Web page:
"Saudi Arabia is looking into reconciling with Iraq. On the surface, this appears to be a ploy on Saddam's part to strengthen ties with neighboring states in an effort to prevent any US military action against him. It's also a ploy that our friends the Saudis seem all too eager to engage in. Of course, this information is nothing new to people who realize that all terrorist roads lead to Riyadh."
Ken Layne chimes in, hissing in the same tone that we hear from Bin Laden when he talks about the "Crusaders" and "the Jews":
"Charles Johnson has another gem from our friends the Saudis. This charming column from the Saudi government daily Al-Riyadh is a long and boastful rant about the beauty of hatred. Did you know Arab babies get their seething hatred of Jews from breast milk? Neither did I. It can be dull work, going through the Saudi trash every day. But it's important work, and we are lucky to have anti-idiotarians such as Charles Johnson and Bjørn Stærk exposing these swine day after day.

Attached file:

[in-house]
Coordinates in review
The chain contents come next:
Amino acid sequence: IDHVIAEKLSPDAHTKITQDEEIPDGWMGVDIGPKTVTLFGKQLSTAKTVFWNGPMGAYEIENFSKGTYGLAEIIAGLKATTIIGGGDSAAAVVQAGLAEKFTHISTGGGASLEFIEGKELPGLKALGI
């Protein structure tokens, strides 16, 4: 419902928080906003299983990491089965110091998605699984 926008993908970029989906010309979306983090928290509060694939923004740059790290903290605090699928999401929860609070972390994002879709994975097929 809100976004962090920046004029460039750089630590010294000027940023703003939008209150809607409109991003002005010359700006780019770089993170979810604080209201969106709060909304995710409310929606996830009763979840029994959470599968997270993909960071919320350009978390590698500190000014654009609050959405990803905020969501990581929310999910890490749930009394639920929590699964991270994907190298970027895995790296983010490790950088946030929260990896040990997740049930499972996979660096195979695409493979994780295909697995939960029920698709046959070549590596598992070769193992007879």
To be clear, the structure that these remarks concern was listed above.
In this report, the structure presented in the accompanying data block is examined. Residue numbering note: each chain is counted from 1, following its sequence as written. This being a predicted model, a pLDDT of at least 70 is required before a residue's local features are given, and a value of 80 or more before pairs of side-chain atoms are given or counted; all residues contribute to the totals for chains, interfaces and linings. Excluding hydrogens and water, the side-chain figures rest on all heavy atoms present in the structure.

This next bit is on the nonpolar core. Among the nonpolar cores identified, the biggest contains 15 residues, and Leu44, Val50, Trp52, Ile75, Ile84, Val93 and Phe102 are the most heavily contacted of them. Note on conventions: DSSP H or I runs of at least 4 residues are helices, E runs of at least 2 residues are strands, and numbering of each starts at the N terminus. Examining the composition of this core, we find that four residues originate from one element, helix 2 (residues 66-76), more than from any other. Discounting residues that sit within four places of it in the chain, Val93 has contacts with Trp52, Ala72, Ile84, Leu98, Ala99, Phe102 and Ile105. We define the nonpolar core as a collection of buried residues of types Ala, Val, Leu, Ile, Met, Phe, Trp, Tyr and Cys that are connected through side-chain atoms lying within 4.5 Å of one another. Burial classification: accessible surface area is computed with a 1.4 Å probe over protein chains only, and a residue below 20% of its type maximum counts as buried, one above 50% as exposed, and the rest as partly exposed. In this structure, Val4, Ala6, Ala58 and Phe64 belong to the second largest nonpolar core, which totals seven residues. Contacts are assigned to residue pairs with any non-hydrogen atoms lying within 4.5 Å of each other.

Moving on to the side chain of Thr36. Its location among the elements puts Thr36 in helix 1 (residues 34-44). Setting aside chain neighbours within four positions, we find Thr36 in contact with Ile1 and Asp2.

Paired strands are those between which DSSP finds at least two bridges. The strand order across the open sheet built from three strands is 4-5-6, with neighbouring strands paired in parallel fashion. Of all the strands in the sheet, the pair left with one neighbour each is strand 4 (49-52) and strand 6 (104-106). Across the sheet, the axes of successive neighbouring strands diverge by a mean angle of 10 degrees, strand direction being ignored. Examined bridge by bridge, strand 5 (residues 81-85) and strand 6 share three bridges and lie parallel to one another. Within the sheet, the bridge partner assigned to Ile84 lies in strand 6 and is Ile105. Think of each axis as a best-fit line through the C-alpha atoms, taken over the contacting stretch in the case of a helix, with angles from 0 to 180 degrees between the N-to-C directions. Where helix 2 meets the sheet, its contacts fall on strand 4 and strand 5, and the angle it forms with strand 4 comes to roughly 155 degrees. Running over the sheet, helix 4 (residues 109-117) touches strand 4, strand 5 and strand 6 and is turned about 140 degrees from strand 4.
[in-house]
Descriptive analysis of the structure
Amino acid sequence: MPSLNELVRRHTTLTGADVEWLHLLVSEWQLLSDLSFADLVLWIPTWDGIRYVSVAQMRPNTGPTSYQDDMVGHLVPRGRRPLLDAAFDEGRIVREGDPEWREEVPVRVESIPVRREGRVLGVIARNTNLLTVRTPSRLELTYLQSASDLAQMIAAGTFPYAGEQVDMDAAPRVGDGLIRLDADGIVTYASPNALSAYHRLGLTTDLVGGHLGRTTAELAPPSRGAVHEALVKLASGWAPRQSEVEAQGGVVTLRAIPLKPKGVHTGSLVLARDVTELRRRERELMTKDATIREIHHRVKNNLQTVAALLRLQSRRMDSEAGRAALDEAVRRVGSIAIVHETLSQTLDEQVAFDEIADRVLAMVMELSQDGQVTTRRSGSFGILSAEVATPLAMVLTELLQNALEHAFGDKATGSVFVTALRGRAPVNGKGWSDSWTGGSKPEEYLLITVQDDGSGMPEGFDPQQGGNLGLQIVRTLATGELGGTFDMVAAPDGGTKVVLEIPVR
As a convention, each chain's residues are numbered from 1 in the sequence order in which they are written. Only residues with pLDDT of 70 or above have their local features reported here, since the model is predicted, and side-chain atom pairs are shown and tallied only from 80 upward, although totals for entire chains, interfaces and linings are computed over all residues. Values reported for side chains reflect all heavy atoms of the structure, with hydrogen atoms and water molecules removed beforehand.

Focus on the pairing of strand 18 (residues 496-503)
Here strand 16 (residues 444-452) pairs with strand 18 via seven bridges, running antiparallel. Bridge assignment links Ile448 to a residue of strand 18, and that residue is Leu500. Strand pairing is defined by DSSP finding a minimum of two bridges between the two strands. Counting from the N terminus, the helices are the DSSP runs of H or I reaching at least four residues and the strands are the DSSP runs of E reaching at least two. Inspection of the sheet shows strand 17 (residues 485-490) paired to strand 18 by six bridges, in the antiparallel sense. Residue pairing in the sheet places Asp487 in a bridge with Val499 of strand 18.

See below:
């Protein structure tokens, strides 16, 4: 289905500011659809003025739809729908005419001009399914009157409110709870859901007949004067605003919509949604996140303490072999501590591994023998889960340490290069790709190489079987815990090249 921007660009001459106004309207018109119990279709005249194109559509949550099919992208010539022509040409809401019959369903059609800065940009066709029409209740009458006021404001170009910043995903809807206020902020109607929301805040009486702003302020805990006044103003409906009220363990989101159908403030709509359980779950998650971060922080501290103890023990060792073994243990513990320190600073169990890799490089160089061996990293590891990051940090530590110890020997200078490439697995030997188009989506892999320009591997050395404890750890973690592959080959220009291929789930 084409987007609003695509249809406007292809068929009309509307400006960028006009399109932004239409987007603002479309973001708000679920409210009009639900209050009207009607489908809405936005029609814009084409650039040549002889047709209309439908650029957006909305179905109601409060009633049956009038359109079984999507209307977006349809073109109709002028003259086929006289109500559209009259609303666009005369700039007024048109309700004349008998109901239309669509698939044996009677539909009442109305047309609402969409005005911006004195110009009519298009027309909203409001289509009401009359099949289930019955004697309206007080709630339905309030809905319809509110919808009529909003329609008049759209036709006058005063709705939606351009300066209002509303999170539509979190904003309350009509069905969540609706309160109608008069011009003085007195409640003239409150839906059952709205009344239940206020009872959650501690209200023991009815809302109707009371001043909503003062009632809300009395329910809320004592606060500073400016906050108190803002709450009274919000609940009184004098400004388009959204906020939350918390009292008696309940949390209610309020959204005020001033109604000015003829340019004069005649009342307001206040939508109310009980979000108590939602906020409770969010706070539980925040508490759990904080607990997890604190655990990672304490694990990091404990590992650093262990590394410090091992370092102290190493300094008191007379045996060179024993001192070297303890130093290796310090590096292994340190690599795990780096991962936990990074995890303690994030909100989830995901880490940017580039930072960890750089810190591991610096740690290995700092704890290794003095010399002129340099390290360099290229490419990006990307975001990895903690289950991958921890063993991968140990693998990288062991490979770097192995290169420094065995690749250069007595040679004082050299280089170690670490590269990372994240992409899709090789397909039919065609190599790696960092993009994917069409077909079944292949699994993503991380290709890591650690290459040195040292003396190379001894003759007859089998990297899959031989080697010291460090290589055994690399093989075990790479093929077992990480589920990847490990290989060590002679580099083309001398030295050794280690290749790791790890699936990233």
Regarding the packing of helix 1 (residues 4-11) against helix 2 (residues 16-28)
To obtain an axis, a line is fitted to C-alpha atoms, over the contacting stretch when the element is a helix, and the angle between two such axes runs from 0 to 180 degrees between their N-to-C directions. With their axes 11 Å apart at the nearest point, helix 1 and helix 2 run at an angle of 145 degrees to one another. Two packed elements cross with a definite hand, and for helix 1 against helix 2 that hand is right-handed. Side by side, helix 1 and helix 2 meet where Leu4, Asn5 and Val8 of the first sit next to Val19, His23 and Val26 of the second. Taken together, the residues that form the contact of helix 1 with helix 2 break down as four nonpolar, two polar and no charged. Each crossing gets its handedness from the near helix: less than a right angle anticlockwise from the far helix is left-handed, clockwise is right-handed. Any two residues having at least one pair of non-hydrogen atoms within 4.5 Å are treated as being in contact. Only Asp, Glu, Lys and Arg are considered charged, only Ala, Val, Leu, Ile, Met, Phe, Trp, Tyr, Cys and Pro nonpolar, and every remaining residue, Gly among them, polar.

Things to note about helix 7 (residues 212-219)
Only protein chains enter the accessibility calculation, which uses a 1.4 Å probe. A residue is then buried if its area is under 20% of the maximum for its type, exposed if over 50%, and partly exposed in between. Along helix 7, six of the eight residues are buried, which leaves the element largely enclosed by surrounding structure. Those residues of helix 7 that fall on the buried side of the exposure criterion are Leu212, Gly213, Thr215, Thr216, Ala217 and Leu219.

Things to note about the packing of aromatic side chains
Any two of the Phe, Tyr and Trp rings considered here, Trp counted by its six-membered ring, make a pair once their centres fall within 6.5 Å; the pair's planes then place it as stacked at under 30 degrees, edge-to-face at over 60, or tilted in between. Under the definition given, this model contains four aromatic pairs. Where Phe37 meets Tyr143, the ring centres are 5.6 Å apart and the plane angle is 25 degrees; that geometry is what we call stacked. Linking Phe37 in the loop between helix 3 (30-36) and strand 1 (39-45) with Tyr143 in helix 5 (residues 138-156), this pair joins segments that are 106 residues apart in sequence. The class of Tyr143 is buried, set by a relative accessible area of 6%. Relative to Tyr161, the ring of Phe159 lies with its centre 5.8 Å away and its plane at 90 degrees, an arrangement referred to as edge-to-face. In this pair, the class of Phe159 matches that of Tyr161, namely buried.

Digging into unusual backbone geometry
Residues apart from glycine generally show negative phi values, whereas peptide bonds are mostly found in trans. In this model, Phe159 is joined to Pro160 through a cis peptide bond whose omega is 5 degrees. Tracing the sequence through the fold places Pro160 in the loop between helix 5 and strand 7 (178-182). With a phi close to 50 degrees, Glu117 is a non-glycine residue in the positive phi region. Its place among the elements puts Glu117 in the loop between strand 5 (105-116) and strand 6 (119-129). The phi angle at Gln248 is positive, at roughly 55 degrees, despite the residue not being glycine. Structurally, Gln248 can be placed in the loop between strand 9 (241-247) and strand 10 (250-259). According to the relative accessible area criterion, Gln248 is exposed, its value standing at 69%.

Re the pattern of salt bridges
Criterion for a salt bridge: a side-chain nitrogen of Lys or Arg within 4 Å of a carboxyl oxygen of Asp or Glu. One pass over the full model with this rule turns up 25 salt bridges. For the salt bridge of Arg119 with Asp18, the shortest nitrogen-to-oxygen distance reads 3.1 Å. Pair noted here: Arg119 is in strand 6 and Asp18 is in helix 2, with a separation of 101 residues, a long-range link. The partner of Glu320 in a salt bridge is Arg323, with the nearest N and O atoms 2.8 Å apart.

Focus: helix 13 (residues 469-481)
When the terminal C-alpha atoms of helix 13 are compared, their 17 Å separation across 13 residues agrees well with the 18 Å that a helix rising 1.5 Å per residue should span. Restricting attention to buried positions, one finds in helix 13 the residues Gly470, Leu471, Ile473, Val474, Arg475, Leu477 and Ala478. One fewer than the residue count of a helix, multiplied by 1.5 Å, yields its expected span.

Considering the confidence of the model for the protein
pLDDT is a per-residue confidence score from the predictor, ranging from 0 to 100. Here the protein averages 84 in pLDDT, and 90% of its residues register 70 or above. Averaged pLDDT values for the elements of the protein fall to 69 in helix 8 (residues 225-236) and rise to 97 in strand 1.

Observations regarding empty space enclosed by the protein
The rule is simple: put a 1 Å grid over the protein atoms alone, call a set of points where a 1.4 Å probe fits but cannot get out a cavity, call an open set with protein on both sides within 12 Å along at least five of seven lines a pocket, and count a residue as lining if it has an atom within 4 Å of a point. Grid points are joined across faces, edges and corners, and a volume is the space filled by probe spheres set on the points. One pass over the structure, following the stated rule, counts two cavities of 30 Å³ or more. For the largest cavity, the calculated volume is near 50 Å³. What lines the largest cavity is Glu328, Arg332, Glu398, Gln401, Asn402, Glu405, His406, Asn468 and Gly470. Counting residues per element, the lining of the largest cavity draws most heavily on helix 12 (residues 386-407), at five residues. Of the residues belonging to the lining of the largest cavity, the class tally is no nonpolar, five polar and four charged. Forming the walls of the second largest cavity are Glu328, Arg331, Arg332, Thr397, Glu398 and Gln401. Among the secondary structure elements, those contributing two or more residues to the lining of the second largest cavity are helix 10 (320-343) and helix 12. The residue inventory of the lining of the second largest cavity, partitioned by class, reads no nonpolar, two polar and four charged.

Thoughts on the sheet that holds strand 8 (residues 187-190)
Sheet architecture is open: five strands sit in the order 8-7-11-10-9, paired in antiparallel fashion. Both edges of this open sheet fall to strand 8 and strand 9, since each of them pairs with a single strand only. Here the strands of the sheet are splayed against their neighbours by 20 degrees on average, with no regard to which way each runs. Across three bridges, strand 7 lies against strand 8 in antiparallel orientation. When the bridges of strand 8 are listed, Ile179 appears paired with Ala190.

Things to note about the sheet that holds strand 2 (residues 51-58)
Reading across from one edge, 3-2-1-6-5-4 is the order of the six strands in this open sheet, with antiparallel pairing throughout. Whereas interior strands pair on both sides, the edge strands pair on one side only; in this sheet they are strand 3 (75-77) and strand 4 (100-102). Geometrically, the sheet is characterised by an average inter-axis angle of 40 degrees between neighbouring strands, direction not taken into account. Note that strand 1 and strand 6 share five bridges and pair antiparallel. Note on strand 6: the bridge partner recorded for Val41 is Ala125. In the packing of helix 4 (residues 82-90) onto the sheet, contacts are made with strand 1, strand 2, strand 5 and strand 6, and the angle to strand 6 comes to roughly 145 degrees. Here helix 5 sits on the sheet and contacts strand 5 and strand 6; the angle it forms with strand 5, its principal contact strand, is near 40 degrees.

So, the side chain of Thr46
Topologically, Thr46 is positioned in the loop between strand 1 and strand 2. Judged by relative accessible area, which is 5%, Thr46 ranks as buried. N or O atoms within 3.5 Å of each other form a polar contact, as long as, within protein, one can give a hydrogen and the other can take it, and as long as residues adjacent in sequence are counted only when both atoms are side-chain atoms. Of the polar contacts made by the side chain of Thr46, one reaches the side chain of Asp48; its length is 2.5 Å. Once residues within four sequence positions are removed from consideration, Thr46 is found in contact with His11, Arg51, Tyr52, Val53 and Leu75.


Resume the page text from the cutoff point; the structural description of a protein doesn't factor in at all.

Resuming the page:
"Have you posted a damning link about the House of Saud lately? I know I've been slacking off. So, let's all put the Full-Bore-Fact-Check on the Saudis. As long as the evil and corrupt House of Saud exists, there will never be peace in the Middle East. As long as Saudi terrorists are tolerated and funded by the House of Saud, we will have more days like Sept. 11. And as long as Saudi royalty runs loose in Florida, we are tolerating slavery in the United States."
Layne is at least as hateful as any article in Al Riyadh, but the radical severity of his post-9/11 psychosis prevents him from seeing the irony of his position: or, indeed, any irony anywhere (it's supposed to be dead, didn't you know?). As the radical caucus of the War Party, the warbloggers see themselves as an intellectual fighting force, the media vanguard of an emerging American empire. They echo the most radical notions of the so-called neoconservatives, such as the columnist Jeff Jacoby, now calling for the outright military conquest of the Saudi peninsula and the seizure of the oil fields.